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  1. #1
    I'd like some advice please on the merits (or otherwise) of a 5-axis machine of the design shown below;

    I'm completely new to the world of CNC (although have used 2D plotters & cutters extensively) and am considering building (or buying) something along these lines for machining medium-sized (max 1m x 1m x 250mm) shapes out of rigid foam and machinable wax. I'm sure what I really want is a rotating head machine but other than things like the 5axismaker these just don't seem to exist for the home/small business user, which is something I don't really understand.

    The nature (size and bulk) of the things I want to machine don't lend themselves to a tilting-bed type machine, so I've come up with the design shown below which (it seems to me) would be fairly straightforward to build using off-the-shelf components. BUT I have no idea about whether a machine like this could be controlled & programmed using regular CNC software - specifically whether, instead of having a fixed vertical spindle, having the entire spindle body rotate either in the Y-plane (as shown) or in the X-plane (which would work just as well) is something standard software could handle. Any advice regarding this would be gratefully received - I suspect and hope the answer is "Yes" because I know that (for instance) Mach3 can drive all sorts of different types of machine, but I'm still at the bottom of a steep learning curve with this stuff and haven't yet come across anything exactly comparable to this.

    Thanks in advance for any comments, and feel free to point-out any other major flaws in what I'm trying to do that I probably haven't even thought of!

    <img src="https://magazineexchange.co.uk/cw/MagEx_Design/5-axis-design.jpg">
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  2. #2
    I'd be cautious jumping into five axis CAM before having experienced three axis CAM, little bit of running before you can walk type situation. Similarly it's quite an ambitious first build - I don't see why it can't be done, it's just not the easiest way to climb this mountain!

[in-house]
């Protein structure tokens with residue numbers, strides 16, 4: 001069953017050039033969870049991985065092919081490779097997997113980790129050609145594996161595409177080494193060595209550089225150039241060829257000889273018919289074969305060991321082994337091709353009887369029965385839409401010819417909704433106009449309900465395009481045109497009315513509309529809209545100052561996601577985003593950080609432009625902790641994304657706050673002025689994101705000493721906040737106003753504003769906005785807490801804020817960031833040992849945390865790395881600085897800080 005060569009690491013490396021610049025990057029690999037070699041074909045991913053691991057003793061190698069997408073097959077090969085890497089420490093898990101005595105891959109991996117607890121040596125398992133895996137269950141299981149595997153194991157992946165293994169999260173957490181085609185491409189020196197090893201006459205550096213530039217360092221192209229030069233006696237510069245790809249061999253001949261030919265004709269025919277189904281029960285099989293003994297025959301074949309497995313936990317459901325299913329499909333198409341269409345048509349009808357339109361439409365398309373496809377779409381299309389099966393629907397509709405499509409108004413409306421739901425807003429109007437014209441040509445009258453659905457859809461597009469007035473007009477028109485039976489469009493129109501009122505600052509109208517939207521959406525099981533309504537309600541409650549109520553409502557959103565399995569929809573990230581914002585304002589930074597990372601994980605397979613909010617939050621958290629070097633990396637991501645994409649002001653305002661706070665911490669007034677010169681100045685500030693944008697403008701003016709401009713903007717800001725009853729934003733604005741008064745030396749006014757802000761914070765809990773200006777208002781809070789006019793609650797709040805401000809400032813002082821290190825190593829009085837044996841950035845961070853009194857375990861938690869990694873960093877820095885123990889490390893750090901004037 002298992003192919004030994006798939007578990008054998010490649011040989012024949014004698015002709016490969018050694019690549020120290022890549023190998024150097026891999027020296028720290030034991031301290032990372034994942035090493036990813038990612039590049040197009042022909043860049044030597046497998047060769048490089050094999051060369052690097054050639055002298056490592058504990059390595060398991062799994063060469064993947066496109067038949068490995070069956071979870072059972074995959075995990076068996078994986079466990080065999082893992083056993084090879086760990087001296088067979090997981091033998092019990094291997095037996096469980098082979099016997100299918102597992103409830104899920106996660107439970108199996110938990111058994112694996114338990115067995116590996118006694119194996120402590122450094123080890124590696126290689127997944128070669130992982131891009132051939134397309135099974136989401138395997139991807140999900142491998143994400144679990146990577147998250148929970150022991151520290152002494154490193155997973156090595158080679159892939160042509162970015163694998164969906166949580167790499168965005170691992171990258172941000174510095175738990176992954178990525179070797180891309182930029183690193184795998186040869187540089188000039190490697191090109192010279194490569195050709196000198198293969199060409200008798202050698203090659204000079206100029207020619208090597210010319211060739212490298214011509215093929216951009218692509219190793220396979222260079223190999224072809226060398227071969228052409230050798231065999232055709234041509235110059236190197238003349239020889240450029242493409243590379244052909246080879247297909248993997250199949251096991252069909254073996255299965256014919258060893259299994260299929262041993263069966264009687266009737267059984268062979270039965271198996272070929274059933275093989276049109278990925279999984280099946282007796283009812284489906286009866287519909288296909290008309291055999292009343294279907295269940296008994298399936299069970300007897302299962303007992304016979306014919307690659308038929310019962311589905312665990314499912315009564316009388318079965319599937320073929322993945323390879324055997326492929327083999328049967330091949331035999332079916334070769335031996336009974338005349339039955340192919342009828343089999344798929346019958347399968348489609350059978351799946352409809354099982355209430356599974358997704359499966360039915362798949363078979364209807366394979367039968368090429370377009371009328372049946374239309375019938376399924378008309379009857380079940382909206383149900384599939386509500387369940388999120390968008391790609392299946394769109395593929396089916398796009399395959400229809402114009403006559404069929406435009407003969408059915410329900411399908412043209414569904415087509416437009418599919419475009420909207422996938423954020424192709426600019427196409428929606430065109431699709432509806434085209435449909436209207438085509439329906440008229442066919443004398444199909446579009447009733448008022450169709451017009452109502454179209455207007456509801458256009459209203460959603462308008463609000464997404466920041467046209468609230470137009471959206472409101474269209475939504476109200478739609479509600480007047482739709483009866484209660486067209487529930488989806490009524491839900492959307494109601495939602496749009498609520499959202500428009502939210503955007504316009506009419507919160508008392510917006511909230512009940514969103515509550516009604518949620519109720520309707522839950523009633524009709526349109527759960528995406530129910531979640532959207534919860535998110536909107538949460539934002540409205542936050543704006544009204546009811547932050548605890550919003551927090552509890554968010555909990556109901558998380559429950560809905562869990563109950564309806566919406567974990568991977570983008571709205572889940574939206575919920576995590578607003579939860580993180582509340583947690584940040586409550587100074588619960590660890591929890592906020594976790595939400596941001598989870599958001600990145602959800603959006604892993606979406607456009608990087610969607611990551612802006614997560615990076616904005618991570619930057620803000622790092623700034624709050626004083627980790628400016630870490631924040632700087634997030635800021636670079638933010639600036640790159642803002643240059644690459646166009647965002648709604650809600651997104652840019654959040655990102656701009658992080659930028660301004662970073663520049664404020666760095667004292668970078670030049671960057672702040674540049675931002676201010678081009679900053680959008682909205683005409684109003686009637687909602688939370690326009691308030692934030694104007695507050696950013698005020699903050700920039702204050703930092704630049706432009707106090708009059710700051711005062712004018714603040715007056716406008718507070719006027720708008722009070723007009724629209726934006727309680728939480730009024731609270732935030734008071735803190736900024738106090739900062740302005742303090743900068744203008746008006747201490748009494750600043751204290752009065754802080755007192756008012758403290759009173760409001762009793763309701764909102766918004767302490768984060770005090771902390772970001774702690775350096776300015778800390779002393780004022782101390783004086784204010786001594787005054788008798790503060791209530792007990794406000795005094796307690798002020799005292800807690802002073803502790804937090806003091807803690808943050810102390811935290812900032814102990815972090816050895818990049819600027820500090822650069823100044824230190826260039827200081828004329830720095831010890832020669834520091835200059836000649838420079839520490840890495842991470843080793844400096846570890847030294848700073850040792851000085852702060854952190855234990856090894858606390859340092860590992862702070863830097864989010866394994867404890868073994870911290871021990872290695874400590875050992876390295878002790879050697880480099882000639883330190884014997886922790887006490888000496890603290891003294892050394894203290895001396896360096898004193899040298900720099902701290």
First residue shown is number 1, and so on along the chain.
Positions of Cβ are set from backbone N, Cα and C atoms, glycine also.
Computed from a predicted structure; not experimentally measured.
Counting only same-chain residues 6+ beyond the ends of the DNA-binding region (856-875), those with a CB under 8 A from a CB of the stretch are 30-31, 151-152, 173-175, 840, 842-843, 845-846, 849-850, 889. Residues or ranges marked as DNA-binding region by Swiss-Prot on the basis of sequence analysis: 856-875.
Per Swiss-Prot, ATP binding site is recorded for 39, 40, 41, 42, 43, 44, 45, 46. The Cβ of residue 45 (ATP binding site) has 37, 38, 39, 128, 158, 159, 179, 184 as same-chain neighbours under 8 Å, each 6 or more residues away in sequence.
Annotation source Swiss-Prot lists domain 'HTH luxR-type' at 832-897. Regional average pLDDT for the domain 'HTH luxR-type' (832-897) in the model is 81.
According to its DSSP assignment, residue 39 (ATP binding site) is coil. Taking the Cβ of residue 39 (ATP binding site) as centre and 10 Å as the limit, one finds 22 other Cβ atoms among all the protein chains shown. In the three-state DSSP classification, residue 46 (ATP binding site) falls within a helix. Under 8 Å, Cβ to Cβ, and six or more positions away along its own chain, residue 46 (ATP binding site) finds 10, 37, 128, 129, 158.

That's also probably why you're not finding commercial machines for the hobby user with large bed 5 axis capability - the high level of programming and understanding the concepts behind the CAM in combination with the mechanical limitations of a large bed hobby priced machine mean it's only ever going to be able to work on material like foam. Fine for you - but not a big market.

    I'd suggest starting with a cheap premade three or four axis machine to understand the CAD CAM process first before spending a large amount of time and effort building a five axis machine to realise it isn't quite what you wanted or needed.

  3. #3
    Thanks for that, and I was certainly aware that I was jumping-in at the deep end with this concept and had already thought of buying a fairly simple machine to start with just for learning - one of the attractions of my design I think though is that it could/would be operated purely as a 3-axis machine most of the time anyway, so hopefully could itself act as stepping-stone in the learning process. In fact, with a bit of fore-thought, the entire machine could be initially built only as a 3-axis but constructed in a way that allowed the 4th and 5th axis capability to be added at a later date

    Thanks again for your comments!

  4. #4
    m_c's Avatar
    Lives in East Lothian, United Kingdom. Last Activity: 2 Hours Ago Forum Superstar, has done so much to help others, they deserve a medal. Has been a member for 9-10 years. Has a total post count of 2,466. Received thanks 282 times, giving thanks to others 7 times.
    Most things are possible.
    The big issue is getting rotary motion with minimal backlash. It can be done easily if you have lots of money, but not so easily if you're on a more typical budget.
    Harmonic couplings are a good solution, but new they're expensive, and although there are usually plenty available second hand, they'll of generally have been replaced for a reason, so second hand ones can be a bit hit or miss.

    Machine controller software wise, there are two possible options.
    One, you do all motion generation with axis/tool offsets within CAM. The big benefit of this, is you can run any machine controller that can control 5 axis, but the big disadvantage is you need to setup all your axis/tool offsets in CAM.
    Two, you use a machine controller that is capable of handling the axis/tool offsets. The big benefit of this is you only ever need to generate the code once, but not many controllers are capable of handling the required kinematics.

    I know Dynomotions KFlop and KMotionCNC come with various Kinematic examples, which you can customise and recompile for your specific machine. TomK (the main man behind Dynomotion) seems to love this kind of thing, and is always willing to help anybody looking to customise kinematics.

    I'm sure LinuxCNC can be configured/compiled for such things.
    Mach3/4, I'm not sure on their level of kinematic customisation. They certainly support enough axes.

    To give you some ideas of what's possible, here's some videos of 5-axis machines running KFlops-

    And although not 5 axis, this video demonstrates what's possible.
    The hexapod takes XYZABC coordinates, and the KMotionCNC kinematic library converts that to the required motor motion.
    Or there is Dynomotion's 'Geppetto' 6-axis demonstration robot-
    Avoiding the rubbish customer service from AluminiumWarehouse since July '13.

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